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Time to Say “NO” Campaign

PEN Austria, 06.03.2013

Concordia Press Club, Vienna

Intervention by Mariela Baeva


All human beings are born free and equal in dignity and rights. This is stipulated in Article 1 of the Universal Declaration of Human Rights. It embodies common values originating in the world’s social, philosophical, political, cultural traditions.

Despite the international agreements and objectives, at the turn of the 21st century, hundreds of millions of young people worldwide are left outside the education systems. The international expertise indicates that 60 % of that overall number are girls and the majority belongs to South Asia and Sub-Saharan Africa. In some of these contexts there are strong political obstacles to girls’ and women’s access to education.

At the time when Malala Yousafzai, the Pakistani girl, was shot in the head for expressing her concern about the restrictions of the Taliban regime for girls to attend school in the Swat Valley, I was compiling the Anthology “In the Hug of Arms” and I received from Henna Babar Ali, the chairwoman of Pakistani PEN club, a poem dedicated to Malala. Among the lines Henna says:

The bullet pierced my heart

Malala your courage rebounds in 7 billion hearts

You are the light and we follow you

You are an education. And we cannot fail you for in it we fail humanity

Building the bridge to Malala’s lifestory that makes her the light for young people striving for better life all over the world, I’ll share with you the memoir of one of the brightest minds of my nation, a poet and a distinguished translator of Shakespeare in Bulgarian. In an article of his, written more than six decades ago, he remembered going every morning to the train station to wait for the train bringing the newspapers, eager to know about the world, about people’s lives and their endeavours. He was reflecting in the article on the nature of any rigid political system limiting freedom, as having in its fabric the fibres of suspicion, hostility and aggression to young people, young minds, and fresh concepts. At the time he lived – in a regime supporting Nazi Germany – allowing access to education would have led to a lost control over young people, over their future and would have created an environment “benign” for informal talks, information exchange, protest or uncensored decisions.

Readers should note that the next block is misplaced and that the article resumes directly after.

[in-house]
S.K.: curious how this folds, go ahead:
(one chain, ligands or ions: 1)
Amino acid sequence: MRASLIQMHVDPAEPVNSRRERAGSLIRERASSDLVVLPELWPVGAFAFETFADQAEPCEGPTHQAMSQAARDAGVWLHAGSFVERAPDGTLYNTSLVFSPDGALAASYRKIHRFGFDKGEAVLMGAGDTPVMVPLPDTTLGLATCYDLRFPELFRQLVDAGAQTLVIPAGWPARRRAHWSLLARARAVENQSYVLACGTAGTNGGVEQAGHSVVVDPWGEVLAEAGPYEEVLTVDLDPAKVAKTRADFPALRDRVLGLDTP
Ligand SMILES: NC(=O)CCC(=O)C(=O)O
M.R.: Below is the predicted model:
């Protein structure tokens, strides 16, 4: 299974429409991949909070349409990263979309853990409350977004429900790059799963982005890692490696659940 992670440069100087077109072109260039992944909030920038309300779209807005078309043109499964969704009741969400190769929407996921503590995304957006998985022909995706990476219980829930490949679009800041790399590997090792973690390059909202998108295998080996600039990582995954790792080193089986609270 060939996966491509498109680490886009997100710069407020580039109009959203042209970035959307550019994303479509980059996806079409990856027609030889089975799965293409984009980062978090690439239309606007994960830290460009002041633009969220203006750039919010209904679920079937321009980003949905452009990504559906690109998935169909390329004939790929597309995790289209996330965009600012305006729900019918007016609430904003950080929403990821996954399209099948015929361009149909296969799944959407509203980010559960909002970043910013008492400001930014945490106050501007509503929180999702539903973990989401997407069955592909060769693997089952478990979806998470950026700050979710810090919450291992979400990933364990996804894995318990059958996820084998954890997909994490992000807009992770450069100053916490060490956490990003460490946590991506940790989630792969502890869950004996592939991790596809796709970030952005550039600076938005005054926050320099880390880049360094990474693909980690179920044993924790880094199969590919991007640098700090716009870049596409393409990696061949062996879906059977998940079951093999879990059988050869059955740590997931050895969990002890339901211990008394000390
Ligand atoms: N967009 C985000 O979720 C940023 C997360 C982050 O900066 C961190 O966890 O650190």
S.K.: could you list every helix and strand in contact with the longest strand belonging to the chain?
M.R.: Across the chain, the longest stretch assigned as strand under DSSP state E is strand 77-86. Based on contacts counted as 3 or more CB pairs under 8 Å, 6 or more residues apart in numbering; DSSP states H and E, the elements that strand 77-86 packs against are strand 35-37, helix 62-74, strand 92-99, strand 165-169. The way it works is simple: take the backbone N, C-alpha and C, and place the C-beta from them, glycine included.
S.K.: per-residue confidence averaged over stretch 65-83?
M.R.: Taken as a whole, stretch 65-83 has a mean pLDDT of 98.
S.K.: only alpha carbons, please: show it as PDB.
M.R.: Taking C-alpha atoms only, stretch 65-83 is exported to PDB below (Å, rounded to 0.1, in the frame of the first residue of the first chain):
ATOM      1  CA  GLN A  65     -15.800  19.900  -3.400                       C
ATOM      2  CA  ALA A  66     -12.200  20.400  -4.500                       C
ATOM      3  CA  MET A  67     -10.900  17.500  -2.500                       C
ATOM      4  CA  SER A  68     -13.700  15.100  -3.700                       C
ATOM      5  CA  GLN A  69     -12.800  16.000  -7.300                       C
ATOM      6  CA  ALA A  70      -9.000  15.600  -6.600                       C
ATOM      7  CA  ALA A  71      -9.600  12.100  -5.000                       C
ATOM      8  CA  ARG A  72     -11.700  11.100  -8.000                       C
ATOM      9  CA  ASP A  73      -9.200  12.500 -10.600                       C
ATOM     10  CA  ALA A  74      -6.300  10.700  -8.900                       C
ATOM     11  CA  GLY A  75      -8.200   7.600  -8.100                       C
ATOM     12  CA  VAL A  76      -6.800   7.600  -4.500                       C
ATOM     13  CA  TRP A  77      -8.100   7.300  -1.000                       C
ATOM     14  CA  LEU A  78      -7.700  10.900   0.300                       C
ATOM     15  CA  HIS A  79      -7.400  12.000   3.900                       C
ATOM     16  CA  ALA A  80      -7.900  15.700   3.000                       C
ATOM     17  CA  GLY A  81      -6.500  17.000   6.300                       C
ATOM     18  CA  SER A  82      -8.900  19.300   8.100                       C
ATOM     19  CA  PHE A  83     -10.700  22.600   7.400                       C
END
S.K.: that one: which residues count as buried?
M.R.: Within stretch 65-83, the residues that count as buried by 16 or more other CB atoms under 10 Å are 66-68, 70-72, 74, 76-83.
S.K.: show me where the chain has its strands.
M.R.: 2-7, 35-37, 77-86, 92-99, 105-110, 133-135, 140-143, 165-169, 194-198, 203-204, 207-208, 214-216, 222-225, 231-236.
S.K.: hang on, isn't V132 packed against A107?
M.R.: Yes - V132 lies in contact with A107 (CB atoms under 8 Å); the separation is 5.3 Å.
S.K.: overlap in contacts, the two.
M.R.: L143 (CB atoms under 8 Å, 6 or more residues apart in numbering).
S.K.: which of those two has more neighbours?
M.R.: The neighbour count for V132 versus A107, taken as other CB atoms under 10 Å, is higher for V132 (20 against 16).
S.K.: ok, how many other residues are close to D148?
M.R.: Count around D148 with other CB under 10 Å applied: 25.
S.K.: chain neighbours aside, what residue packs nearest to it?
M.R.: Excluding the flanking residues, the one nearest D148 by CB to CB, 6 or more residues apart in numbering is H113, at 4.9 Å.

Today he says that there is no system, no regime, no doctrine that could prevail over dreams, audacity, great courage…

Today we say that education is curiosity; it is creativity; imagination; autonomy; freedom.  It is the worth, the value of the individual.

We say “No” to any system, any regime depriving anyone of that value.

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